Dietary Fiber: Fiber Fixations
For example, a study commissioned by Kellogg's and published in the journal Appetite (2001, 37:249-250) reports that wholemeal cereals, if regularly consumed, have a positive effect on a person's mood. Professor Andrew Smith, Cardiff University, Wales, U.K., notes that a group that consumed 40g of high-fiber cereal each day showed fewer cognitive difficulties, lower depression scores, and a 10% reduction in fatigue as compared to a group that ate a “normal” breakfast.
Although several studies, (including one with ispaghula husk fiber published in the October 14, 2000 issue of The Lancet) made waves when they appeared to negate some of fibers health benefits, researchers generally agree the evidence is overwhelming that it is important to eat fiber-containing fruits, vegetables, and whole grains. All this has not been lost on marketers.
The Industry ProvidesMintel International's Global New Product Database (GNPD) identifies products by an “added fiber” designation. When searching for new products introduced in 2001 that hyped their fiber content, a list of some 492 items results. (See chart.)
Logically, bakery products, breakfast cereals and snacks (primarily in the form of energy bars) were the most popular items to tout their fiber content. Less intuitively, dairy foods also were fortified frequently with fiber, while fruit and vegetable products rarely note their fiber composition. Here is a sampling of products—from the typical to the titillating.
January 2001 started out with a bang. High-fiber cookies were introduced in India (Britannia Industries,), China (Imperial General Foods, ), Turkey (Kurtsan), Brazil (Nestle), Portugal (Triunfo) and Italy (Capezzano).
More unusual, Mead Johnson presented a reformulated Alacta-NF sweetened milk powder in Thailand that contained 5.4% added fiber in the form of inulin. The GNPD tracked the introduction of some 15 fiber-containing milks around the globe last year. A Calcium Extra Efficace Milk from Stassano (France) has added calcium and dietary fibers, said to favor the absorption of calcium.
The calcium-fiber connection also was touted by Carl Scheer, a German company that introduced a premium cheese “rich in fibre and vitamin D, which helps calcium absorption.” In all, 23 countries saw the launch of fiber-containing dairy products (other than ice cream). In the U.S., the only fiber dairy products to show up were the much bally-hooed YoSelf yogurts from Stonyfield Farms, Londonderry, N.H.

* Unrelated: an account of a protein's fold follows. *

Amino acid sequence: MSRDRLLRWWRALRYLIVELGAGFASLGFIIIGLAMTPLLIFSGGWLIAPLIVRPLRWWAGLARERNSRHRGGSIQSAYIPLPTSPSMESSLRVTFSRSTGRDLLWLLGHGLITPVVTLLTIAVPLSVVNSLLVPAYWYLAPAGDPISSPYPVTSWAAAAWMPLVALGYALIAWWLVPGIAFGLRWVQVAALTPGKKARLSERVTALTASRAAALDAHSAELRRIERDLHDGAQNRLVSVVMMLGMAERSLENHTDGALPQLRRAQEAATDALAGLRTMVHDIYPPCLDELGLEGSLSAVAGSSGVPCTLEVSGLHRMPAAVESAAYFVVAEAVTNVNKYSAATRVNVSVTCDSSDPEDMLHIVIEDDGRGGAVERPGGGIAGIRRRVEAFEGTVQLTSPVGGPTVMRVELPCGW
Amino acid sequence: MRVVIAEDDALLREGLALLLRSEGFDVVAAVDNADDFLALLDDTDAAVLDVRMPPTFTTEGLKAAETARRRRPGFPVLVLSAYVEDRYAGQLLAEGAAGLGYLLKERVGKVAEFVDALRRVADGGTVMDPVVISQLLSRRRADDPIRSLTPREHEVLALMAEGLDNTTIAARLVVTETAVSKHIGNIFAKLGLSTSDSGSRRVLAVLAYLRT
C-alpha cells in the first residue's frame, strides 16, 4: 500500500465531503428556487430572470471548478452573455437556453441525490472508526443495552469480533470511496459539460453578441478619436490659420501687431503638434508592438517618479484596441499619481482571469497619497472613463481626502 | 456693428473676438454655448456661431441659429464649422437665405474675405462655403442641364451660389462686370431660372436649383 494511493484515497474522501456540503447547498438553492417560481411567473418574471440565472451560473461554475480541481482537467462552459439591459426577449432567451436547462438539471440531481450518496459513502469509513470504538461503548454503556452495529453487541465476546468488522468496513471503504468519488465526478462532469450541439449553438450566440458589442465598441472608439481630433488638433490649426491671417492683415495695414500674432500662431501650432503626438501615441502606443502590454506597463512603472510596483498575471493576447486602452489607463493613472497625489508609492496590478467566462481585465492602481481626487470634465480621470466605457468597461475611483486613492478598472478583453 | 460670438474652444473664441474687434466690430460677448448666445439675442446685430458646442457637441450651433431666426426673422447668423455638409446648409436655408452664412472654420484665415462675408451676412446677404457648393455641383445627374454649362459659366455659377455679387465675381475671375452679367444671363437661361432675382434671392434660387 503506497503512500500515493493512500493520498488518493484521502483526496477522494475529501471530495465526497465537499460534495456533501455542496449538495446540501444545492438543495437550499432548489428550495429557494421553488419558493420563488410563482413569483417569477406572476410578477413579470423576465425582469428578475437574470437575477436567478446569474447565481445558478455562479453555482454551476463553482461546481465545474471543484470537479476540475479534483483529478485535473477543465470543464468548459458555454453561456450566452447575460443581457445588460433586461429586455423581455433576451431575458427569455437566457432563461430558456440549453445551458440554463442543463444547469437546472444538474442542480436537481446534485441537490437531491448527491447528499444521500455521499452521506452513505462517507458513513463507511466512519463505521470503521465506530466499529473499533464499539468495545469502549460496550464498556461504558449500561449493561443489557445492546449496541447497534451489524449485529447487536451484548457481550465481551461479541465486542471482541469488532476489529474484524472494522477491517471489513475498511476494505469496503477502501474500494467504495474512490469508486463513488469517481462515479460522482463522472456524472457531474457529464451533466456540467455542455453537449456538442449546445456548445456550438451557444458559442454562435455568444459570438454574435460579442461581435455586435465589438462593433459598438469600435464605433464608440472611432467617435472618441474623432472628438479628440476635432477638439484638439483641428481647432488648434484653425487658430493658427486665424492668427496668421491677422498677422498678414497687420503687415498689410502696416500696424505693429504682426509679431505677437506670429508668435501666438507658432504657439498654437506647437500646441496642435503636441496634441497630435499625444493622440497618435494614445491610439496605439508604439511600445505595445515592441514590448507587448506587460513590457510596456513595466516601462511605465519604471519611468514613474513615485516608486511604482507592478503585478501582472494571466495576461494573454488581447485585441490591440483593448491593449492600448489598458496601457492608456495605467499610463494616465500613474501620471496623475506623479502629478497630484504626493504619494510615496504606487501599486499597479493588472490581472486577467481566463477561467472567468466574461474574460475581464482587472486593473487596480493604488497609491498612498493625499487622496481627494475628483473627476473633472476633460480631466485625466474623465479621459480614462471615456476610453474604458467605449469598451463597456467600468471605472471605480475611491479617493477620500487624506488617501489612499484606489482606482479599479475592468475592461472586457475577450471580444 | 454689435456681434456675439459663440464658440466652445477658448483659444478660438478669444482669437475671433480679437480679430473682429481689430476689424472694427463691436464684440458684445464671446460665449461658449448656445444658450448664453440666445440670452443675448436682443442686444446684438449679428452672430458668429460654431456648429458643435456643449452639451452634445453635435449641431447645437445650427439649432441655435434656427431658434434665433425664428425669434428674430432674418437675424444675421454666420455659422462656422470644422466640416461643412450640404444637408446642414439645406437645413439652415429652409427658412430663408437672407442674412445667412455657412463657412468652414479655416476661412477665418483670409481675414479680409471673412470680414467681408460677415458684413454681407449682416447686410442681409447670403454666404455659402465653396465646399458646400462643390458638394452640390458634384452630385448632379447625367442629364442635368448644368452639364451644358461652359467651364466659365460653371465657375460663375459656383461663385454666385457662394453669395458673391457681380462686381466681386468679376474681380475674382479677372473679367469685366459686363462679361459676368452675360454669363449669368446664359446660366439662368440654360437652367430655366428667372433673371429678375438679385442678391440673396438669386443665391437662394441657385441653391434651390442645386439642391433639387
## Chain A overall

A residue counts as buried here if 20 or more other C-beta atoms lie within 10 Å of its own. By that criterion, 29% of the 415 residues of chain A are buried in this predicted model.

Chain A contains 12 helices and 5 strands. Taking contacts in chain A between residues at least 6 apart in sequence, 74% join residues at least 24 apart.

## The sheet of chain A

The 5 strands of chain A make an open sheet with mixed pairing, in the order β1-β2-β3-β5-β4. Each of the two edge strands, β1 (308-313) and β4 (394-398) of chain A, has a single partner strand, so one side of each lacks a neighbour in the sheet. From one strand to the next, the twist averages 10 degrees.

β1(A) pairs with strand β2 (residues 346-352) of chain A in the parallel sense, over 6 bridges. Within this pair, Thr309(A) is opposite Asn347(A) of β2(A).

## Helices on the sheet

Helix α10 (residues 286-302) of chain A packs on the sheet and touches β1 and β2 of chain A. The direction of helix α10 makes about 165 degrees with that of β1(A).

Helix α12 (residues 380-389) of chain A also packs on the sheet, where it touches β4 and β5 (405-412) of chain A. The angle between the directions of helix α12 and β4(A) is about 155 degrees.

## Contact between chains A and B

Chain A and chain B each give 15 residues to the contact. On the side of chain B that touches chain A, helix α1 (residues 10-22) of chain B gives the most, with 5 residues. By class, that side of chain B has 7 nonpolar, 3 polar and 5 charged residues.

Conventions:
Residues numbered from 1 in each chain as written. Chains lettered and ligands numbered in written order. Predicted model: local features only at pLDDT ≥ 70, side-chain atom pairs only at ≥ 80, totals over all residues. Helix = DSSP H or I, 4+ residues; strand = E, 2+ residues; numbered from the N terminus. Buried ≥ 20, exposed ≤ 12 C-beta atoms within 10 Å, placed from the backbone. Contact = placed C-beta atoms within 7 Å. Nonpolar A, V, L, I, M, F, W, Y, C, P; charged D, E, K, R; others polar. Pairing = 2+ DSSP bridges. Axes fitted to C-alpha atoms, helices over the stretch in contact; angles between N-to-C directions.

Other intriguing products include a Nestum brand “3 in 1 Cereal Drink” introduced by Nestle in Singapore. Its ingredient statement lists “sucrose, Coffee-Mate non-dairy creamer, whole wheat, rice, malt extract, degermed corn, salt, minerals, vitamins.” H.J. Heinz, under the Sonnen Bassermann brand in Germany, launched a meat-free, fiber-enriched hot pot (that's stew to those of you anchored Stateside) with potatoes and vegetables. One is tempted to assume the 25% vegetable content (carrots, leeks, onions, celery) would be the source of fiber, but the product has added inulin.
If You Got It, Flaunt ItSo, from where is the fiber coming? Products may flaunt the fiber inherent in the whole foods they contain. Breakfast cereal biscuits, under the Coles Supermarkets brand in Tooronga, Australia, note they are high in fiber (from whole grain organic wheat.) In a similar vein, Narimpex in Germany points out that its Nectaflor branded apricots, prunes, figs and dates are rich in fiber, vitamins and minerals.
However, more often, fiber is separately added into a food or beverage. Polydextrose appears in a low-calorie, vitamin A-, C-, E- and calcium-enriched Sunkist brand orange juice drink from Haitai Beverage in Seoul, South Korea, and in low-calorie confectionery from Senjakukan Honpo, Japan.
Bertrams Exclusive Fruit-Fibre Drink, U.K., lists gum arabic and pectin as added fiber. Corporacion Tresmontes, Chile, adds apple fiber to its Yuz brand multifruit juice, which already contains banana, apple, mango and apricot pulp.
Wheat bran also is popular. Kellogg's alone has made sure of that since May 2001, by rolling out extensions of its All-Bran breakfast cereal. The fiber from other grains and seeds (rye, oats, hemp) also shows up in products. For example, Frazer Leipomot, Helsinki, Finland, introduced its I Love crispbread as “rich in the soluble oat fiber, beta-glucan, which helps balance blood glucose and control cholesterol level.”
Such health claims, some on the package, some just hinted at in promotional literature, are not uncommon. A Tropicana Slim brand skimmed milk, by Nutrifood, Bogor, Indonesia, is fortified with dietary fiber, calcium, omega 3, vitamin A, vitamin D, vitamin E and “is said to protect the heart.” Several products make a “softer” claim in regards to how they benefit digestion. Examples include Jacob Crackers—introduced into Singapore by Danone's Britannia Brands in Johor, Malaysia—and an interesting tuna-based salad from Saupiquet in France; the fiber is derived from lentils, wheat germ, tomato, bulgar wheat and sweet corn ingredients.
It is unlikely that ispaghula fiber, that poorly-performing fiber in The Lancet study, will be used to fortify products in the near future. Both old favorites and new fiber fortifiers will be showing up in products coming to a store near you.
Sidebar: Great ExpectationsIndustry insiders “expect” people to consume more fiber since it's so beneficial. But people are notoroius for not doing what they “ought” to do. Developing products and the message that make fiber compelling remains an industry challenge.
—Amy Stockwell, Principal, Analytech Associates, firstname.lastname@example.org
As the analysis and, thus, regulatory definition of dietary fiber is settled in the U.S., companies will feel more comfortable promoting dietary fiber content.
—Claudia D. O'Donnell, Chief Editor, Prepared Foods